The Temple of Aphaia commands a promontory facing Athens and the coast of Attica on a pine-covered hill 12km (7 1/2 miles) east of Aegina town. One of the best-preserved and most handsome Greek temples, it’s so close to the mainland that both the Parthenon and Temple of Poseidon can be seen on a clear day (with the aid of binoculars); to the ancients, these three sanctuaries constituted a Sacred Triangle. Built in the late 6th or early 5th century B.C., on the site of earlier shrines, Aegina’s temple was dedicated to Aphaia, a goddess with the enviable ability to vanish into thin air to avoid unwanted amorous advances. No one really knows who Aphaia was, although it seems that she was a very old, even prehistoric, goddess who eventually became associated both with Artemis and Athena. According to some legends, Aphaia lived on Crete, where King Minos, usually preoccupied with his labyrinth and Minotaur, fell in love with her. When she fled Crete, he pursued her, and she finally threw herself into the sea off Aegina to escape him. She became entwined in fishing nets and was hauled aboard a boat. A sailor then fell hopelessly in love with the beautiful creature. So she jumped overboard again, swam ashore on Aegina, and, as her smitten admirer watched from his boat, vanished right before his eyes (afandos means “disappear”).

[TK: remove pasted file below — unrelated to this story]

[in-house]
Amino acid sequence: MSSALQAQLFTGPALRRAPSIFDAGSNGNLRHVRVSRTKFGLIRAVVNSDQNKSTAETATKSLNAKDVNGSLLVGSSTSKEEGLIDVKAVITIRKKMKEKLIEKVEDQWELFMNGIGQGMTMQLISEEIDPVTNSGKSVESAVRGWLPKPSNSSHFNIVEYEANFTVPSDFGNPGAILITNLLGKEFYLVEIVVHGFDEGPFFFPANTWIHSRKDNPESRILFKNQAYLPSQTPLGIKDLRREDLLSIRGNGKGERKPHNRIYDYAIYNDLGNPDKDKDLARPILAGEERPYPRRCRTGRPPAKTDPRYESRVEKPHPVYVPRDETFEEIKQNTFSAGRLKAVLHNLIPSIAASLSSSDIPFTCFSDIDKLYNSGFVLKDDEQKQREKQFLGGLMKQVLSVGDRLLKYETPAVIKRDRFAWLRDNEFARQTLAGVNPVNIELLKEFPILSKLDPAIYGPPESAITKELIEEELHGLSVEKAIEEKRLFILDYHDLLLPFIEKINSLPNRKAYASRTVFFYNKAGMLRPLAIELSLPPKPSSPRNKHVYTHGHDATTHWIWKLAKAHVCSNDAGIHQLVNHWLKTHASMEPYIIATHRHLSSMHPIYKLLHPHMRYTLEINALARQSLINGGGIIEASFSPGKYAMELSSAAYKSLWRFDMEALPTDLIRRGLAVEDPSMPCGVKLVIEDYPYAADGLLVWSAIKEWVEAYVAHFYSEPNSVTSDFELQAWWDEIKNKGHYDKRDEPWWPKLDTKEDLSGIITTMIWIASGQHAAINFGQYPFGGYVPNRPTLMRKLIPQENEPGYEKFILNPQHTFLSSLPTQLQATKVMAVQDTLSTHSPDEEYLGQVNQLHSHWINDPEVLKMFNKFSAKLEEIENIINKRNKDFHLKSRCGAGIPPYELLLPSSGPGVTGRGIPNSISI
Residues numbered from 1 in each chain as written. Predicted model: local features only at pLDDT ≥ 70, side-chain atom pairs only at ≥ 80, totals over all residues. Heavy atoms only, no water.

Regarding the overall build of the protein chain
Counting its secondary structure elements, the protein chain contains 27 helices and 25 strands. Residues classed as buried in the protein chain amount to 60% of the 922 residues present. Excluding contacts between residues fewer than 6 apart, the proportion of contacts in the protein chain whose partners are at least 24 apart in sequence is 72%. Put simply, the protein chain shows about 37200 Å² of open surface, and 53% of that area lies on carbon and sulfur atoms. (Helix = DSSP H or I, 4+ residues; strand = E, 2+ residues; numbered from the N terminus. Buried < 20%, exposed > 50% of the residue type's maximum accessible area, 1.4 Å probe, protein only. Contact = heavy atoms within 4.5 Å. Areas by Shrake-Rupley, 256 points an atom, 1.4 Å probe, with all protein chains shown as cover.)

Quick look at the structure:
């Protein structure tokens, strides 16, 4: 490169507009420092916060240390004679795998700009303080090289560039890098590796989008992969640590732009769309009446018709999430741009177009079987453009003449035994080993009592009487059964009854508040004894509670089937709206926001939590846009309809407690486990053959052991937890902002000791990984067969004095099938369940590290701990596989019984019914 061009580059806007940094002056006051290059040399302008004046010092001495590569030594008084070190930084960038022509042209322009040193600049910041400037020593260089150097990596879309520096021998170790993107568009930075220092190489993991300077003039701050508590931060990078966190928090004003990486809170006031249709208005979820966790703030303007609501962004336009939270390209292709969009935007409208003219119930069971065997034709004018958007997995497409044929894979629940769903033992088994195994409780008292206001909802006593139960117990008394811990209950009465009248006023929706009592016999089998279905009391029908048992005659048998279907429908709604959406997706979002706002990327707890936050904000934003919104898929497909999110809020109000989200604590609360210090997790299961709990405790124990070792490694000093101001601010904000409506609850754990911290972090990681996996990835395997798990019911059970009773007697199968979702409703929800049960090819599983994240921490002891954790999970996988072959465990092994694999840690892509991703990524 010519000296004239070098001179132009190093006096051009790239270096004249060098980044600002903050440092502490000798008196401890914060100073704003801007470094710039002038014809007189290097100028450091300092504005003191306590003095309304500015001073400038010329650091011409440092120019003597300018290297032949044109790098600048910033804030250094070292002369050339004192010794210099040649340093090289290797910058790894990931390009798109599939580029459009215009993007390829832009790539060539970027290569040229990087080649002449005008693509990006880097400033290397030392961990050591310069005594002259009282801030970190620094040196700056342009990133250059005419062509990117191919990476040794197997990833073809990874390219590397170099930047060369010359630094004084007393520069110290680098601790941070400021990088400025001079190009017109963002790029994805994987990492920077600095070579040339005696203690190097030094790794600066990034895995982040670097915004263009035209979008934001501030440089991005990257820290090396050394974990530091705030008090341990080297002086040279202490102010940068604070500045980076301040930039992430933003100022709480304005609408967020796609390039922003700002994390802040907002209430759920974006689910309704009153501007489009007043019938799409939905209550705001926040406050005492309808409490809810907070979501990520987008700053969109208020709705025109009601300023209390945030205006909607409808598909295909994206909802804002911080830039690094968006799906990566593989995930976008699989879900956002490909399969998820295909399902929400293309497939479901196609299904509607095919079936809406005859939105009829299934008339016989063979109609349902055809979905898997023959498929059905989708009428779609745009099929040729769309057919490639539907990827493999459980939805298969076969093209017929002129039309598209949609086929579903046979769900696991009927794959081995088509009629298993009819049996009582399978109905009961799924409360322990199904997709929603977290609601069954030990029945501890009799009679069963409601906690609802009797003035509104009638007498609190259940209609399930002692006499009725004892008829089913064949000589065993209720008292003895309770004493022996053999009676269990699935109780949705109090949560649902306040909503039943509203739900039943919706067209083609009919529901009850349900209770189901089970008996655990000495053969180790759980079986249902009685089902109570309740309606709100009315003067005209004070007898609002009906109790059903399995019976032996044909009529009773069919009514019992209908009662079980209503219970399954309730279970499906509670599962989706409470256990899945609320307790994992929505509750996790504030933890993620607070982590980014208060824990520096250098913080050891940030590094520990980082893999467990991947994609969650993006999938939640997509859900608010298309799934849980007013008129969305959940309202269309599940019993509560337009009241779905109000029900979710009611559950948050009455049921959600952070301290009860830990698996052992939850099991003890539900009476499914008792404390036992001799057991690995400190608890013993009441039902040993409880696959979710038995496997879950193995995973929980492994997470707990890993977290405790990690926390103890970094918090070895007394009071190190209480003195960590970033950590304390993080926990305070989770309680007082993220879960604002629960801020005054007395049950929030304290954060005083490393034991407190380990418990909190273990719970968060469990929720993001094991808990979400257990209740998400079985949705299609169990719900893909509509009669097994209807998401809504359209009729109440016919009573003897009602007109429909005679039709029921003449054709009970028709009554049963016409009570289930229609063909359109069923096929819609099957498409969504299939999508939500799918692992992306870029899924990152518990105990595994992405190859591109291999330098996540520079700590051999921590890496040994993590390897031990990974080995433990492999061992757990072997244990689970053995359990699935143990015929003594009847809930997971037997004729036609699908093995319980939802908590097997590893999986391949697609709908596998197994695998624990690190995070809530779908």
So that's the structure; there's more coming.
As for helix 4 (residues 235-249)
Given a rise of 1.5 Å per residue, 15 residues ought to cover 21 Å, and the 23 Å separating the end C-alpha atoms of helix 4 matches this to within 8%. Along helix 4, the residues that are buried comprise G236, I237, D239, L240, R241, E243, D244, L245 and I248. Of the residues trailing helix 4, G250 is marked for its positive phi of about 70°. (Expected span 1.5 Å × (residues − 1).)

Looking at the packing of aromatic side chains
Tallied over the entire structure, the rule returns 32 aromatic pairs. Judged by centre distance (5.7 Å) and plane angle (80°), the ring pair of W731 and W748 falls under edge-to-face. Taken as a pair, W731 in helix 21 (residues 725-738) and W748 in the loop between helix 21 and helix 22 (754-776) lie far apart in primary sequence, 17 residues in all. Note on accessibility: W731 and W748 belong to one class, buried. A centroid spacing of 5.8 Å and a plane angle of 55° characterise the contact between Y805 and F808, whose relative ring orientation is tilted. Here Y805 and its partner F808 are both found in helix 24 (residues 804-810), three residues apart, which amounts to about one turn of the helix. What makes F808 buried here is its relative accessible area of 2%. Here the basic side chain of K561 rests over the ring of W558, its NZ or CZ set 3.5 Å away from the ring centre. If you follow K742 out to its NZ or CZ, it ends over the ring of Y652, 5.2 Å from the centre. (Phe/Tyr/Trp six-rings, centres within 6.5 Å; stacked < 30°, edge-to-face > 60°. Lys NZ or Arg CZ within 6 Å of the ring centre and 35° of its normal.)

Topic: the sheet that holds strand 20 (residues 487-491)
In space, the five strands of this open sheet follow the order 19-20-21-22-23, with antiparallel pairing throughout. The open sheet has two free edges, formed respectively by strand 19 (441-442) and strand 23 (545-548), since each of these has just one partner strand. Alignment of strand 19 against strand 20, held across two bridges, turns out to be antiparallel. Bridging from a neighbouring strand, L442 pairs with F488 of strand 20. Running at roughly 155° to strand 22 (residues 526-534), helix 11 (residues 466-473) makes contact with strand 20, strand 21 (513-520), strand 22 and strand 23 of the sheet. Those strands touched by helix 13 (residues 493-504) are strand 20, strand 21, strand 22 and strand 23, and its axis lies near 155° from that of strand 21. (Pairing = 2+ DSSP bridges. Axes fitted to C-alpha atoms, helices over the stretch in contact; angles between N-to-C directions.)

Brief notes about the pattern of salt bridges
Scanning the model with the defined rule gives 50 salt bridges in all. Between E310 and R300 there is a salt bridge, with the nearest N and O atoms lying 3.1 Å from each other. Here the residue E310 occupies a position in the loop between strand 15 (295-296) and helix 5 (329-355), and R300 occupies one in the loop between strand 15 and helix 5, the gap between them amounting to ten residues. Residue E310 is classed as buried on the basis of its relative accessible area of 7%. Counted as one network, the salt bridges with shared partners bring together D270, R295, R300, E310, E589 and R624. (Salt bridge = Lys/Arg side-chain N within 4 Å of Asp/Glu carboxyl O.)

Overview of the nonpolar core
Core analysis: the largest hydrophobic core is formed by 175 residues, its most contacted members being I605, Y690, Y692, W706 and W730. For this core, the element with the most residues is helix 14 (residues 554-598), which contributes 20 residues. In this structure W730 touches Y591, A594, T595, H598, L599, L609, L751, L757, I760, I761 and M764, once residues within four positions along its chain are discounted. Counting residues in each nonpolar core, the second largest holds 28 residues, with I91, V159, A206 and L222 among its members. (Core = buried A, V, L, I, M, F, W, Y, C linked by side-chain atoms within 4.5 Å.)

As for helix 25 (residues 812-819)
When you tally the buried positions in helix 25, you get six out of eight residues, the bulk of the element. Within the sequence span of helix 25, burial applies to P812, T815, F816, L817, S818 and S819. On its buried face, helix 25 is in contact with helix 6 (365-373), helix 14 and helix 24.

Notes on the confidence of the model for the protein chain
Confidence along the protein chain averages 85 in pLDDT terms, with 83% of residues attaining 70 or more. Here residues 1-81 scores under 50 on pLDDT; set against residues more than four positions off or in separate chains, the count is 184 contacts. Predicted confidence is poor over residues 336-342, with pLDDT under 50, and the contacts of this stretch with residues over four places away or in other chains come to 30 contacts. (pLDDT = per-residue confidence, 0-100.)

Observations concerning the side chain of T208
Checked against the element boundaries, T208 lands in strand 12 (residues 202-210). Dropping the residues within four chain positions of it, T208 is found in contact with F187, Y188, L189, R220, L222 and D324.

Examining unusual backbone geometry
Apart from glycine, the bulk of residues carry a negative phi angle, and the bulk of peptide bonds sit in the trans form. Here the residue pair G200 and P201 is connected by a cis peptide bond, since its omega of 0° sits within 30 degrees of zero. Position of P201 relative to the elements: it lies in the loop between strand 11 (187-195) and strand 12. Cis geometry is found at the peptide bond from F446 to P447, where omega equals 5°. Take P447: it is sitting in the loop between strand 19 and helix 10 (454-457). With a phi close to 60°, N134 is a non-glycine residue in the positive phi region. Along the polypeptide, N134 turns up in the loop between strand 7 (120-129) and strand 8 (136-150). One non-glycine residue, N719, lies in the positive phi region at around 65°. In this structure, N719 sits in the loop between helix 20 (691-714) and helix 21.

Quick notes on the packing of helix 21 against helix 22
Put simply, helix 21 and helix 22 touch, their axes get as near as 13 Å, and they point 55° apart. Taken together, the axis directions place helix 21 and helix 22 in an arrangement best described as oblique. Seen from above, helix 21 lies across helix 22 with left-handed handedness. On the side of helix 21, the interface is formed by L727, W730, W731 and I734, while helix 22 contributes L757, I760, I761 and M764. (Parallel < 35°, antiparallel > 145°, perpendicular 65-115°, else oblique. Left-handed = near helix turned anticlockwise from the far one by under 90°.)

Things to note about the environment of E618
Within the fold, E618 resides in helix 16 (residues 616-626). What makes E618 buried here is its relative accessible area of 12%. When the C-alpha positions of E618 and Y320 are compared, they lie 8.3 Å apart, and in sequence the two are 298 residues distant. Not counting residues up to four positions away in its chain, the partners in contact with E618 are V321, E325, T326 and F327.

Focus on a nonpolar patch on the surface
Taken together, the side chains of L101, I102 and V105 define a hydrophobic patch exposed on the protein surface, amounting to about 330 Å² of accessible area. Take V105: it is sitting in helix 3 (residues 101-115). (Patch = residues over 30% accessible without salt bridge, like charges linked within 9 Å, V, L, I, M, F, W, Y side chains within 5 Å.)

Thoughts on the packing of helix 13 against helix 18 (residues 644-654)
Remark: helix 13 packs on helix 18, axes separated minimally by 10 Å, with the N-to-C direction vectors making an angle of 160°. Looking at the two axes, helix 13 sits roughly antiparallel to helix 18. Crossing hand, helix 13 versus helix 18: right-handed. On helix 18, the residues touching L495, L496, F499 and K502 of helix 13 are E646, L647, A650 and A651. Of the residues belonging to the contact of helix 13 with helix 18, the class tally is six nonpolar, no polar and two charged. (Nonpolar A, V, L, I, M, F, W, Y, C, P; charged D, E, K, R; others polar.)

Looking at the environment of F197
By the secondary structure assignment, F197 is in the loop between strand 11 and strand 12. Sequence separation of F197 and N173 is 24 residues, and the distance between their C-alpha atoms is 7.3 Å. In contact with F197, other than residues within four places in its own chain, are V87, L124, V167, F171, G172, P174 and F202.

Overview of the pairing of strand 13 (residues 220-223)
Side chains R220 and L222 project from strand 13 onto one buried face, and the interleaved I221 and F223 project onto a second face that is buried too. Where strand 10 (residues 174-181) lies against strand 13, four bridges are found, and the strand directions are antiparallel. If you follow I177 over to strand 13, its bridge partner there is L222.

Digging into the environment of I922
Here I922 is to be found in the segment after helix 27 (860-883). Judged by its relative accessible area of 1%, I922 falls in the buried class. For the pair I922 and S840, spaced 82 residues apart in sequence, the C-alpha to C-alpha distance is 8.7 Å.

Thanks to the work of restorers, 25 of the original 32 Doric columns still stand, but the finest feature is missing: a magnificent pediment frieze depicting scenes from the Trojan War. The sculpture was carted off in 1812 by King Ludwig of Bavaria. Whatever you think about the removal of art treasures from their original homes, Ludwig probably did us a favor by taking the sculptures to the Glyptothek in Munich: While he was doing this, locals were busily burning much of the temple to make lime and hacking up other bits to use in building their homes. Still, the setting is so beautiful, you’ll hardly miss it.

Allow at least 4 hours for your visit if you come here by the hourly bus from Aegina town; by taxi, you might do a visit in a couple of hours.

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